One example: Hillary Clinton is criticized for sitting down, rather than standing, for a photo with rescue workers three days after the 9/11 terrorist attacks. Bush, who had just arrived at ground zero, is standing for photos, and it simply doesn't occur to Rove that Clinton had already spent most of the past several days there, working desperately for her constituents. Rove is not always so unfair; he manages to demolish more than a few of the sillier attacks against him and the President. But this book is primarily an act of vengeance — and, in that sense, unintentionally revealing about the nature of the Bush presidency.
One of the few existing images of "Jihad Jane", Pennsylvania woman Colleen LaRose.
The Justice Department won't say whether provisions of the Patriot Act were used to investigate and charge Colleen LaRose. But the FBI and U.S. prosecutors who charged the 46-year-old woman from Pennsburg, Pa., on Tuesday with conspiring with terrorists and pledging to commit murder in the name of jihad could well have used the Patriot Act's fast access to her cell-phone records, hotel bills and rental-car contracts as they tracked her movements and contacts last year.
But even if the law's provisions weren't directly used against her, the arrest of the woman who allegedly used the moniker "Jihad Jane" is a boost for the Patriot Act, Administration officials and Capitol Hill Democrats say. That's because revelations of her alleged plot may give credibility to calls for even greater investigative powers for the FBI and law enforcement, including Republican proposals to expand certain surveillance techniques that are currently limited to targeting foreigners.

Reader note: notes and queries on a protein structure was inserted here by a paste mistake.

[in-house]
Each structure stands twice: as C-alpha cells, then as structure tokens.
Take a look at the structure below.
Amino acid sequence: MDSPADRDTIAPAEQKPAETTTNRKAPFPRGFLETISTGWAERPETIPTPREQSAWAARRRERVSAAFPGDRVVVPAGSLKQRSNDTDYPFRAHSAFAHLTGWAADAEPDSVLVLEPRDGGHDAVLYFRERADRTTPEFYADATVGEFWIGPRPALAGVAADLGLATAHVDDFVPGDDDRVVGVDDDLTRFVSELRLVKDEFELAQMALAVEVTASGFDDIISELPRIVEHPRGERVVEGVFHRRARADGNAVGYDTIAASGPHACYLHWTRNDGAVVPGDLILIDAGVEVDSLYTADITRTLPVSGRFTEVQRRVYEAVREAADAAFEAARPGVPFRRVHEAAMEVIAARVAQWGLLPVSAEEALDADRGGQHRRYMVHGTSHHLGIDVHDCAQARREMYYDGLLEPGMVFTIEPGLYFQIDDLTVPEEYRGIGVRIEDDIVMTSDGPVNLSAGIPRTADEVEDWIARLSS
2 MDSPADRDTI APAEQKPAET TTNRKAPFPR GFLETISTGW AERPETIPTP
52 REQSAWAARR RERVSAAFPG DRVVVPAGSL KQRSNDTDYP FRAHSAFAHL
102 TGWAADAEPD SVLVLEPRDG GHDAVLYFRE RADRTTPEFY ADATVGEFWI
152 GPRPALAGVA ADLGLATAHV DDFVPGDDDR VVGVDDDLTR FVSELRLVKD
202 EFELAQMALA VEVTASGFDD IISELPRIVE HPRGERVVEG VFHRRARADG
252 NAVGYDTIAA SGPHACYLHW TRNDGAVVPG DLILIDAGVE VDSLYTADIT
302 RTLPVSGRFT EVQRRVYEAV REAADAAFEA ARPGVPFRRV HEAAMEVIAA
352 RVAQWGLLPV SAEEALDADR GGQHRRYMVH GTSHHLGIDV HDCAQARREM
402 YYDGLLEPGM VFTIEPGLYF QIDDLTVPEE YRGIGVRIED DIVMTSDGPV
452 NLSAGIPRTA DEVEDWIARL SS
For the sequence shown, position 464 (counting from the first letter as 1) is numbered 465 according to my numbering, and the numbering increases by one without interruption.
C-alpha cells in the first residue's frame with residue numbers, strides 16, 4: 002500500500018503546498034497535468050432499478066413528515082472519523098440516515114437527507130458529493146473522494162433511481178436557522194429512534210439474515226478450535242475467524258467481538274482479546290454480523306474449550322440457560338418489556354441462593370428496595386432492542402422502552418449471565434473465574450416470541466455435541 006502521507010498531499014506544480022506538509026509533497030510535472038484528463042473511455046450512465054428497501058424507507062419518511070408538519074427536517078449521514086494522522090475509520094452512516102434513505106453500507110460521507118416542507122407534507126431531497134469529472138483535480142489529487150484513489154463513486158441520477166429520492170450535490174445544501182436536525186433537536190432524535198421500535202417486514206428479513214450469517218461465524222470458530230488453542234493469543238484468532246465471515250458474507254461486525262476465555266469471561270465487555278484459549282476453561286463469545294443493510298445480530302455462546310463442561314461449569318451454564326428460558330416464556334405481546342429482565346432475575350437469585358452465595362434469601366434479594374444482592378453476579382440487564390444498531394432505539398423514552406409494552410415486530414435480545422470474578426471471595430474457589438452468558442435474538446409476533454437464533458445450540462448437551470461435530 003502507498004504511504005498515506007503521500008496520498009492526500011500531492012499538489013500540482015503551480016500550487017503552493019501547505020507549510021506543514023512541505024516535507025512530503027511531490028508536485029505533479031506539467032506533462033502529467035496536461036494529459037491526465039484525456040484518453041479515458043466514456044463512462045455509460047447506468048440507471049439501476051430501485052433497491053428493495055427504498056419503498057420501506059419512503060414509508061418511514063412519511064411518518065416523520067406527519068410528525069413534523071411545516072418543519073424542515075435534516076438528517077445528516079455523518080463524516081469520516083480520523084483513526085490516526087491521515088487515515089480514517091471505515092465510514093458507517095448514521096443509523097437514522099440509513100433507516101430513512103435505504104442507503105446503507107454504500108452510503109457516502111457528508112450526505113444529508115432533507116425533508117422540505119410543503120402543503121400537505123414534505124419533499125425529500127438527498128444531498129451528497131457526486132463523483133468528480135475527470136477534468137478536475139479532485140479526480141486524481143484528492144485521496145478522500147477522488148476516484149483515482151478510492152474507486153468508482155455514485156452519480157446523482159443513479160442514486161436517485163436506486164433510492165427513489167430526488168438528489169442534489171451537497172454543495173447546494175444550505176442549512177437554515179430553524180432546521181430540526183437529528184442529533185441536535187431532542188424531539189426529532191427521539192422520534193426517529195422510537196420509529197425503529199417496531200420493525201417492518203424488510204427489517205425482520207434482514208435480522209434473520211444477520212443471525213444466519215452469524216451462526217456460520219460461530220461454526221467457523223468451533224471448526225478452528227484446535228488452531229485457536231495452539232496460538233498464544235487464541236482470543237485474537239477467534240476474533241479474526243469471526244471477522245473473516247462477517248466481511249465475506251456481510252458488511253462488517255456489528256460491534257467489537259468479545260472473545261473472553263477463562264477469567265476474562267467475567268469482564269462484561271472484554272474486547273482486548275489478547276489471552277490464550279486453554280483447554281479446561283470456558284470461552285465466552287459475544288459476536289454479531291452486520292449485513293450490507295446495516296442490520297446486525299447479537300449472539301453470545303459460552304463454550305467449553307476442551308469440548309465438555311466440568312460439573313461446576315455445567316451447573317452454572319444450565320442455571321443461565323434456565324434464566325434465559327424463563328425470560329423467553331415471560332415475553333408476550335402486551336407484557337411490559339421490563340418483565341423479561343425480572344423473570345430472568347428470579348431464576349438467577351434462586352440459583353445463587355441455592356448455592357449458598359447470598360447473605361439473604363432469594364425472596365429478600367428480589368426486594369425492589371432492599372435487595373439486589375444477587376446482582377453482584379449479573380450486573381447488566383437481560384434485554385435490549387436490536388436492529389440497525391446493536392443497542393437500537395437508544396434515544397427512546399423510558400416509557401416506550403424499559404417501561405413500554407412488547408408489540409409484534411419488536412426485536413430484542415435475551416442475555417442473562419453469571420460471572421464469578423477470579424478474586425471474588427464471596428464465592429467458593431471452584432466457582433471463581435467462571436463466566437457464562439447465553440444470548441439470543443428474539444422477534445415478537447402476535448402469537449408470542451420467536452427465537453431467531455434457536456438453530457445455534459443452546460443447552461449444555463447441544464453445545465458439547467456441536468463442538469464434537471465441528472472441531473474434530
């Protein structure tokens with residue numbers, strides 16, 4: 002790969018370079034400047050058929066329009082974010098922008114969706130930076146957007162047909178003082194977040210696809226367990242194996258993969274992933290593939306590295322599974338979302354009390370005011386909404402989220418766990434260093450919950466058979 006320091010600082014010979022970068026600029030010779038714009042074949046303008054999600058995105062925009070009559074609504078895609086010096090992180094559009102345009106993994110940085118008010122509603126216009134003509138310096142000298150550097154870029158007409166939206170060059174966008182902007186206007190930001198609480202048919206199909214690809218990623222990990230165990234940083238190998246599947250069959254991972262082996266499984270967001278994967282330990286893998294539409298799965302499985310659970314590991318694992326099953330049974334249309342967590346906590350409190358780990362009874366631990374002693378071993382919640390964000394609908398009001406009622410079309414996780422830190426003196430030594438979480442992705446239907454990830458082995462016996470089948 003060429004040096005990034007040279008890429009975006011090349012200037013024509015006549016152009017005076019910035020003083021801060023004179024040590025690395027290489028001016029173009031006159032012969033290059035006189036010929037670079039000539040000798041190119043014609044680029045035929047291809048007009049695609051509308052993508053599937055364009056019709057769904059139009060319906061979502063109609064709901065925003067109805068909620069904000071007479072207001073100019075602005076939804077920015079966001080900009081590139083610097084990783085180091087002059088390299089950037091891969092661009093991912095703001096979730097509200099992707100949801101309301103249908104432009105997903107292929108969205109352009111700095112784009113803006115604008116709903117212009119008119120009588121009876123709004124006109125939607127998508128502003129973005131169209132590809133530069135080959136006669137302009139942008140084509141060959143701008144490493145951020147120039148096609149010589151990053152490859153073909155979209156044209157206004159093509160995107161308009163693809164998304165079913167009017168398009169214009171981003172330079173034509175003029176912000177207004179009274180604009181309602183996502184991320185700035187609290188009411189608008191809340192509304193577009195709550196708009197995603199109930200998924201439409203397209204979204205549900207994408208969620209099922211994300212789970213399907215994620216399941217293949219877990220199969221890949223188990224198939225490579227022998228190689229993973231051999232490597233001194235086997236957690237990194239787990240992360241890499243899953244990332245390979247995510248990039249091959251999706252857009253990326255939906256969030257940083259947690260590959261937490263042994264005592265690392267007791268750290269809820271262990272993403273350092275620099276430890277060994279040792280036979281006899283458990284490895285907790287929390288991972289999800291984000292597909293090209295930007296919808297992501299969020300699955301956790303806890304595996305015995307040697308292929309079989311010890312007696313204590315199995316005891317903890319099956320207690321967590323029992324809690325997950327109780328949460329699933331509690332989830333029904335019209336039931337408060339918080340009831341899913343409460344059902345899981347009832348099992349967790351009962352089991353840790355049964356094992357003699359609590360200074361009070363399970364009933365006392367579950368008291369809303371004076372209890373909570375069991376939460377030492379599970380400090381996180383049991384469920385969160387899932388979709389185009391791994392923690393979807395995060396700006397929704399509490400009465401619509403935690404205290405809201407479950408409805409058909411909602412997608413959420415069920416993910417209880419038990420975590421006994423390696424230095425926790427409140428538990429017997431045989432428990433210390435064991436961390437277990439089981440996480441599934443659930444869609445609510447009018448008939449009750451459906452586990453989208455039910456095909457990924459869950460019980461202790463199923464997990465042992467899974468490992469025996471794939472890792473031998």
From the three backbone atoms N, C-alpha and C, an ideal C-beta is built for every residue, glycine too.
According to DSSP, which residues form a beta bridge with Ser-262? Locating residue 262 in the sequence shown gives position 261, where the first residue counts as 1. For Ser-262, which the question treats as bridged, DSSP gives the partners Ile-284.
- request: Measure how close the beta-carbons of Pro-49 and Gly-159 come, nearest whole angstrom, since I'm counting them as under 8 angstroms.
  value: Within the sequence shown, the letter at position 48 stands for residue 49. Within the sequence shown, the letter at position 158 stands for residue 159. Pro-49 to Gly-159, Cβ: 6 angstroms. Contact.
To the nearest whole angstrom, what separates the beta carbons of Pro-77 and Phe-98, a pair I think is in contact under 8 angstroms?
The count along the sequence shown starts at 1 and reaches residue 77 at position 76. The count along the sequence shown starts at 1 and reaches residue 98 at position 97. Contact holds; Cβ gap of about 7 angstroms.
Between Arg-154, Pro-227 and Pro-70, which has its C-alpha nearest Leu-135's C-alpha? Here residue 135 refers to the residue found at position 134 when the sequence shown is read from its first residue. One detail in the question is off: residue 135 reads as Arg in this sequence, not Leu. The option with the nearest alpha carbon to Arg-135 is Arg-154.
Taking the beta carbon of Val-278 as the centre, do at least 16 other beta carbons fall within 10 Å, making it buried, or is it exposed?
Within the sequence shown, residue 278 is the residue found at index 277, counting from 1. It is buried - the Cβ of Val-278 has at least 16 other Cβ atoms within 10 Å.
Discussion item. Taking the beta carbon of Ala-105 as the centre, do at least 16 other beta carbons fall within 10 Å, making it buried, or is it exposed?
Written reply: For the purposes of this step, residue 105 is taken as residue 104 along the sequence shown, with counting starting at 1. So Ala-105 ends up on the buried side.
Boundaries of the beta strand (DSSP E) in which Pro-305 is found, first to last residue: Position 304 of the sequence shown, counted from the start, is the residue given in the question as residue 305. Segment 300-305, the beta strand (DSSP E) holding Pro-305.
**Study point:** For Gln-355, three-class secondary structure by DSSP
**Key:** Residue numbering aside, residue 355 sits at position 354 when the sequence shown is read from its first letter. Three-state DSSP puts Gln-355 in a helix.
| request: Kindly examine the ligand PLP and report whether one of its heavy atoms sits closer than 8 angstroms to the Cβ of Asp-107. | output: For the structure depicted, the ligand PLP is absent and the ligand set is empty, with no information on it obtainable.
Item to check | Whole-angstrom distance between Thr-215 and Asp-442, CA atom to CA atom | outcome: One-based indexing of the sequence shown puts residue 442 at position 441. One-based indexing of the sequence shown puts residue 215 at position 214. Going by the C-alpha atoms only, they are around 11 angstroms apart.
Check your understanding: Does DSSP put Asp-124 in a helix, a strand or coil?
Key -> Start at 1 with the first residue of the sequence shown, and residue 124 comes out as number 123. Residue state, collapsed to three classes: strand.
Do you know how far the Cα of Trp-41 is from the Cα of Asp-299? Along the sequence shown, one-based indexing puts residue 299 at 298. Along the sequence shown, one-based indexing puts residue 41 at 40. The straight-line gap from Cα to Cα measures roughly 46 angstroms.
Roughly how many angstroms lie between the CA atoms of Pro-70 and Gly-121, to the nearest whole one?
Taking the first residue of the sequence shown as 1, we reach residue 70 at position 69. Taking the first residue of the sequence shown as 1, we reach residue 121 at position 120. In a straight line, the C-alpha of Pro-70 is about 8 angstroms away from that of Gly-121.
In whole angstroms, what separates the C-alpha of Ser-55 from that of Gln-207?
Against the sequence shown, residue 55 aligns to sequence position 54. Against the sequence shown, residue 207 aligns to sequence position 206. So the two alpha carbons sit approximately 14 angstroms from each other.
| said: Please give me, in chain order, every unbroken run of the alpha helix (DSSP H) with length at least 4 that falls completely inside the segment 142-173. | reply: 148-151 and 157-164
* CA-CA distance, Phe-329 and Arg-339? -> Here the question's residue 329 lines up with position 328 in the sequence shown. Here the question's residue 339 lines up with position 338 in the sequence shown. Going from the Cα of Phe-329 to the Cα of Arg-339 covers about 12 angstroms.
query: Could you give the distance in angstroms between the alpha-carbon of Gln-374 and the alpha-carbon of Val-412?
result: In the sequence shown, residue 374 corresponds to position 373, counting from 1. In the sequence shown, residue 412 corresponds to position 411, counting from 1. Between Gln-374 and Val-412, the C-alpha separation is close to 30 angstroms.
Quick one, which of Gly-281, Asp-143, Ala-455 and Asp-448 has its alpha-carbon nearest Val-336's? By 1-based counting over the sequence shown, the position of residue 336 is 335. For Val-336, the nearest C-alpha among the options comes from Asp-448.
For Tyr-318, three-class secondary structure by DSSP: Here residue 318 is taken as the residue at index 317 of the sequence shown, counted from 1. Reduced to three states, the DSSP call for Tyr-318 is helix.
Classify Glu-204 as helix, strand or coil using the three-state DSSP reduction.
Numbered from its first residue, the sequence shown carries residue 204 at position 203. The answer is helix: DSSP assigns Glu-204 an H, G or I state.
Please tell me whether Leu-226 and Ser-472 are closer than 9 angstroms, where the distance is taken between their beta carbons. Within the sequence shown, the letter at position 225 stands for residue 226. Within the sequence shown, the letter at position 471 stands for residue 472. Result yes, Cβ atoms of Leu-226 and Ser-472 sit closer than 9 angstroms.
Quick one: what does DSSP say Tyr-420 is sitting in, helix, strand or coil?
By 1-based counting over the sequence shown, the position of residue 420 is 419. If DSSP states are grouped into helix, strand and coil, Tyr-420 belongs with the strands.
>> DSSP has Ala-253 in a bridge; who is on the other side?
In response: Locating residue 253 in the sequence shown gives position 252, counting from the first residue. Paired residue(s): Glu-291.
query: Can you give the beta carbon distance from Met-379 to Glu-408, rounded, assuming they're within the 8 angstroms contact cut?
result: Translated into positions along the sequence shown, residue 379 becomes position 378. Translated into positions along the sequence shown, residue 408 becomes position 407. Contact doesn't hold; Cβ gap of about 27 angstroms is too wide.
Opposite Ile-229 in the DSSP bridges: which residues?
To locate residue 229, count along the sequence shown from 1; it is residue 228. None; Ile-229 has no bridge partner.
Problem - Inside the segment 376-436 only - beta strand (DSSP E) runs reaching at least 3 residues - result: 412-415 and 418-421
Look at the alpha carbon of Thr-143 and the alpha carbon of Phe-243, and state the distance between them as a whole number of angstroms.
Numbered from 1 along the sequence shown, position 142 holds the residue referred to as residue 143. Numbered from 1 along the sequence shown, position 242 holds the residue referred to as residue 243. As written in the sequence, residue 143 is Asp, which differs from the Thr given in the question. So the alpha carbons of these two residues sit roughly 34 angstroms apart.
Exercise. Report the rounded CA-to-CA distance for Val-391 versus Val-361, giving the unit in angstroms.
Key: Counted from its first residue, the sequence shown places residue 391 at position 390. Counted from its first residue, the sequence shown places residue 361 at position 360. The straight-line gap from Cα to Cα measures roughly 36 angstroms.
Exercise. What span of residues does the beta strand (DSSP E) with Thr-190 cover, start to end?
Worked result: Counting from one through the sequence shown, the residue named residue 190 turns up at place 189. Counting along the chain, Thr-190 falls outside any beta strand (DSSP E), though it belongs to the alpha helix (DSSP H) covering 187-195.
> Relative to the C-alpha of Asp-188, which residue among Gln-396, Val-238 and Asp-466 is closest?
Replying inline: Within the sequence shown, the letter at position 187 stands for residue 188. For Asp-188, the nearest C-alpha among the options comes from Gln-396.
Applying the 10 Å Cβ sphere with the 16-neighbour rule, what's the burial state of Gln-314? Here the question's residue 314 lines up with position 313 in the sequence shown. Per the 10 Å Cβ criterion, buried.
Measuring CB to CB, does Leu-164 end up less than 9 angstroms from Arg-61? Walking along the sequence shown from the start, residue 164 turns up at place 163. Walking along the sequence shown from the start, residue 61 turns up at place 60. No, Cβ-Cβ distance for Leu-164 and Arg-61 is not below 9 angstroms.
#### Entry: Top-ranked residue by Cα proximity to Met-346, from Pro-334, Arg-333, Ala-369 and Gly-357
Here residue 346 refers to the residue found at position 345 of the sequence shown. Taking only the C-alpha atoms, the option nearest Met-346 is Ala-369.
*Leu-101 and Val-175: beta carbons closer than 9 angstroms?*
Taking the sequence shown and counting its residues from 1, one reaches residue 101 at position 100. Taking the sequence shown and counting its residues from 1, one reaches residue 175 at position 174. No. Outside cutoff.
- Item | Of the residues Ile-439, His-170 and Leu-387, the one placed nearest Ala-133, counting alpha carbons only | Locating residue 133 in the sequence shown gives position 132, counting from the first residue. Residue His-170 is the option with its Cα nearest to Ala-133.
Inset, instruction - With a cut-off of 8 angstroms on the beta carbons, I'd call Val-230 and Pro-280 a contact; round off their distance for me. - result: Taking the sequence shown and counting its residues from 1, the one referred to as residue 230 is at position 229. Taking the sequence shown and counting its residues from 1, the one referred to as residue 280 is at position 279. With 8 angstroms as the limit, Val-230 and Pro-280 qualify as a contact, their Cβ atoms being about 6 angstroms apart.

Special to CNN
Congress has stripped the jobs bill of the reinvestment in America's infrastructure that would put people back to work and make the country more prosperous in the long run.
Instead, the bill relies on tax credits that are too small and too temporary to make a dent in America's high unemployment.
The House of Representatives passed a relatively strong bill in December, which included $48 billion in infrastructure spending. Now the House and the Senate have adopted a bill that consists primarily of a payroll tax deduction for employers who make new hires and keep them on for a year. The original House jobs bill was $154 billion. The new bill is one-tenth the size.
Reporter's Note: In his State of the Union address, President Obama took exception to a ruling by the Supreme Court. Now, it appears they are taking some exception to even hearing that speech. Seems like a case for Judge Judy, but until she takes it up, I’ll address it in my daily letter to the White House.
[cnn-photo-caption image=http://i2.cdn.turner.com/cnn/2010/images/03/11/alito.sotu.jpg caption="The Supreme Court Justices remain seated while Democrats stand to applaud the President's criticism of the campaign finance ruling at the State of the Union address."]
Tom Foreman | BIO
Dear Mr. President,
Now you’ve done it! You took a shot at the Supreme Court in your State of the Union address, and Chief Justice John Roberts is suggesting they may take their black robes and go home! Not even play anymore! It took a few weeks for this pot to boil, but as you’ve probably heard, he told a bunch of law students at the University of Alabama that he’s not sure why the justices should attend now that they’ve become nothing but political “pep rallies.” Uh…I mean the speeches, not the justices.